Murray vs. Djokovic: Tennis Fans Should Get Used to This Matchup

Andrew GouldFeatured ColumnistJanuary 25, 2013

Novak Djokovic will face Andy Murray in the final round of the Australian Open.
Novak Djokovic will face Andy Murray in the final round of the Australian Open.Clive Brunskill/Getty Images

Novak Djokovic and Andy Murray will enter the hard court at Melbourne Park to determine who wins the Australian Open in a matchup that will become all too familiar to tennis spectators over the next few years.

Two of the youngest and brightest stars will square off in a Grand Slam final for the third, but doubtfully the last, time. These two sensational players could spur the sport's next big rivalry.

There weren't exactly any major shocks along the way leading up to an anticipated showdown between Djokovic and Murray, especially with Rafael Nadal out of commission.

Stanislas Wawrinka gave Djokovic a run for his money, but eventually succumbed to the world's No. 1 player in five grueling sets.

For Murray, there was the obstacle of topping Roger Federer in the semifinals. That bout also lasted five sets before the 25-year-old eventually emerged victorious.

But it might have looked closer than it actually was. Federer squeaked out his two winning sets while Murray won his in more convincing fashion. Federer fought valiantly, but could not keep up with his younger adversary.

After years of falling short against Federer, Murray has finally gained the upper hand in the feud. They have met in three prior Grand Slam finals, with the veteran capturing all three first-place finishes. Always near the top, Murray could not take that extra step to join Federer, Djokovic and Nadal among the elite.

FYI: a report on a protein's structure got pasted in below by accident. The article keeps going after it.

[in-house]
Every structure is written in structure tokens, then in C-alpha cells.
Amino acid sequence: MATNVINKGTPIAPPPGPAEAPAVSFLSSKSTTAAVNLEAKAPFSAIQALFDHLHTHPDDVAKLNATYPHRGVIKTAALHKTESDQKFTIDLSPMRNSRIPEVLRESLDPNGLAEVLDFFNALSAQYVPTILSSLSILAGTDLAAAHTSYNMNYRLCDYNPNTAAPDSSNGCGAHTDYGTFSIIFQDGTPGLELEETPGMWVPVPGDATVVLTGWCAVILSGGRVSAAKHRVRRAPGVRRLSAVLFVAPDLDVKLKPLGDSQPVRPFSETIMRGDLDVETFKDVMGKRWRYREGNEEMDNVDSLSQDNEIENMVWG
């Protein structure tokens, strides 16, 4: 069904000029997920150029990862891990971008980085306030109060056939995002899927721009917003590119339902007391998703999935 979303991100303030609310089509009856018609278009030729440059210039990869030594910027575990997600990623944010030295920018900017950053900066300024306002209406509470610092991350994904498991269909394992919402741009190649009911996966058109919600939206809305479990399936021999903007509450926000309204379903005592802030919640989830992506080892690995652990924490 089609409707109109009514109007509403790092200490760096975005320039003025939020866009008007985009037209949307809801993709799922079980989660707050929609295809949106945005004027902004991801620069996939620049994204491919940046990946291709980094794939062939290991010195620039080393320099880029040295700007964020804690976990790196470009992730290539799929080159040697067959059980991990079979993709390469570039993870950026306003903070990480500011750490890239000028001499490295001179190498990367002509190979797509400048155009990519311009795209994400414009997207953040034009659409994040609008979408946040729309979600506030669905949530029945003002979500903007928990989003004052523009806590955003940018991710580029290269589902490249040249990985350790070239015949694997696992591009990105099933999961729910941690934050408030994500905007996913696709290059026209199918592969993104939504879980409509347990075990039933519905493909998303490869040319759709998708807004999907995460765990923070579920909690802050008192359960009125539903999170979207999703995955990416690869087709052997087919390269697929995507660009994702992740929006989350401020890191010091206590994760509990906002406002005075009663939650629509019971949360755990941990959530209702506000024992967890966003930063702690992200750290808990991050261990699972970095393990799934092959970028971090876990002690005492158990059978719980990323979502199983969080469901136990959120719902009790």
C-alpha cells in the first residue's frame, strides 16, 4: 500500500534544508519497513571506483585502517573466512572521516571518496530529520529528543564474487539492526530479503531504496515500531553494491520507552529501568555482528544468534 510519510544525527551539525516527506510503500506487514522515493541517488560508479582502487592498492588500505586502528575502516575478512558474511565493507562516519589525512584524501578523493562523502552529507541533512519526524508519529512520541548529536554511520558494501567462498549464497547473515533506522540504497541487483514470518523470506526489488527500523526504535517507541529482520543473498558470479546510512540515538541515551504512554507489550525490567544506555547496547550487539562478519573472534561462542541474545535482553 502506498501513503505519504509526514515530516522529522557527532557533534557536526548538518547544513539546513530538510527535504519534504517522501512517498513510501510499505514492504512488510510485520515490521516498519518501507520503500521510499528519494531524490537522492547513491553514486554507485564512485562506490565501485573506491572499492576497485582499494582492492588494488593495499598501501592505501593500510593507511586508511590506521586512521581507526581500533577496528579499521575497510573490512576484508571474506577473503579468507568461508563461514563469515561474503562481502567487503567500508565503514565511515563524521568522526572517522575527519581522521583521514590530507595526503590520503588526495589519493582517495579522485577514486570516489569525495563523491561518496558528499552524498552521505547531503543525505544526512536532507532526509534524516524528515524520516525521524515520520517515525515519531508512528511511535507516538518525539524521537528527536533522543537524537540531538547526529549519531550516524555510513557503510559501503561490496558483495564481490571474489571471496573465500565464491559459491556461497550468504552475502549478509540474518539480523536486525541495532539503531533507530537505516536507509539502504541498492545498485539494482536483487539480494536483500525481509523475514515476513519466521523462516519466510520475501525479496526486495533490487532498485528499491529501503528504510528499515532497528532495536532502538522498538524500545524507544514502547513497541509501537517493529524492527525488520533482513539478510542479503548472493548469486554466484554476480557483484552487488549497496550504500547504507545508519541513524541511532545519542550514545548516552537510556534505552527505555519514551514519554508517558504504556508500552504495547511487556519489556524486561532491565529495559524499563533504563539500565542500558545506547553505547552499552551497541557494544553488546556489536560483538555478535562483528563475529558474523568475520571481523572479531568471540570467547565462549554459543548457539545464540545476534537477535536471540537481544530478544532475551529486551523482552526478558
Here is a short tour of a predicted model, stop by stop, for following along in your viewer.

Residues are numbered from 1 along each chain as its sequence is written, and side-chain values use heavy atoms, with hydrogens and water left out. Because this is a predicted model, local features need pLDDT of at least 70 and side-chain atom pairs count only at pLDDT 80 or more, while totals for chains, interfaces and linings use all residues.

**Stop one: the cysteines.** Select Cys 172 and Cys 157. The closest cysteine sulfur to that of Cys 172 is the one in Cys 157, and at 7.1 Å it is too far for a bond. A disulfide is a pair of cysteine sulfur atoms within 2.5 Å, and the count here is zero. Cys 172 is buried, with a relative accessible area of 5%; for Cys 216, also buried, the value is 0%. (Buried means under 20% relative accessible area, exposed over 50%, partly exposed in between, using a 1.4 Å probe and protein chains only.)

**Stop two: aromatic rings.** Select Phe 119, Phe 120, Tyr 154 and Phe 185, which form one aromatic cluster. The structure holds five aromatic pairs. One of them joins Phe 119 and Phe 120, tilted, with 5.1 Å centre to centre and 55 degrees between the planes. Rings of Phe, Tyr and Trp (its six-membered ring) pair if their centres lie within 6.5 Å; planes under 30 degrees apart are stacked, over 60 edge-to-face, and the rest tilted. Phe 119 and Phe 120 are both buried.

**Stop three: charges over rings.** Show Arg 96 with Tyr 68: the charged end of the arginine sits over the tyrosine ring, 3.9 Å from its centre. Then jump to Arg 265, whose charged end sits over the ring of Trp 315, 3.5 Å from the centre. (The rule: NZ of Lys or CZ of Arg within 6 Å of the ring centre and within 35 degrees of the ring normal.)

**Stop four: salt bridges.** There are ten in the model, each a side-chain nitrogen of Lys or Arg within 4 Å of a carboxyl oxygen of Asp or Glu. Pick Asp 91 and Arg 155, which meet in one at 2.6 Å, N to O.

Murray launched the monkey off his back in his home nation by topping Federer at the 2012 Olympics. Now he has further cemented his place among the best by outlasting the Swiss star again.

While Federer is still a premier athlete, he's lost just enough pep in his step at age 31 to trail behind the younger Murray, who now thoroughly belongs in the upper-echelon of the sport's foursome of superstars. 

Djokovic has dominated the sport as of late, winning three Grand Slams in 2011 and the past two Australian Opens. The 25-year-old from Serbia is just hitting his stride and should be a mainstay at the sport's pinnacle for years.

Nadal will rejoin the fray soon and spice things up, but nobody's expecting the same two guys to face off in each of the four major tournaments' championships.

The fact that it's the same four, maybe even three if Federer deteriorates a bit more, lends itself to enduring feuds among the few top dogs.

But at the moment, Novak Djokovic and Andy Murray, both in their prime, are the two top players in tennis.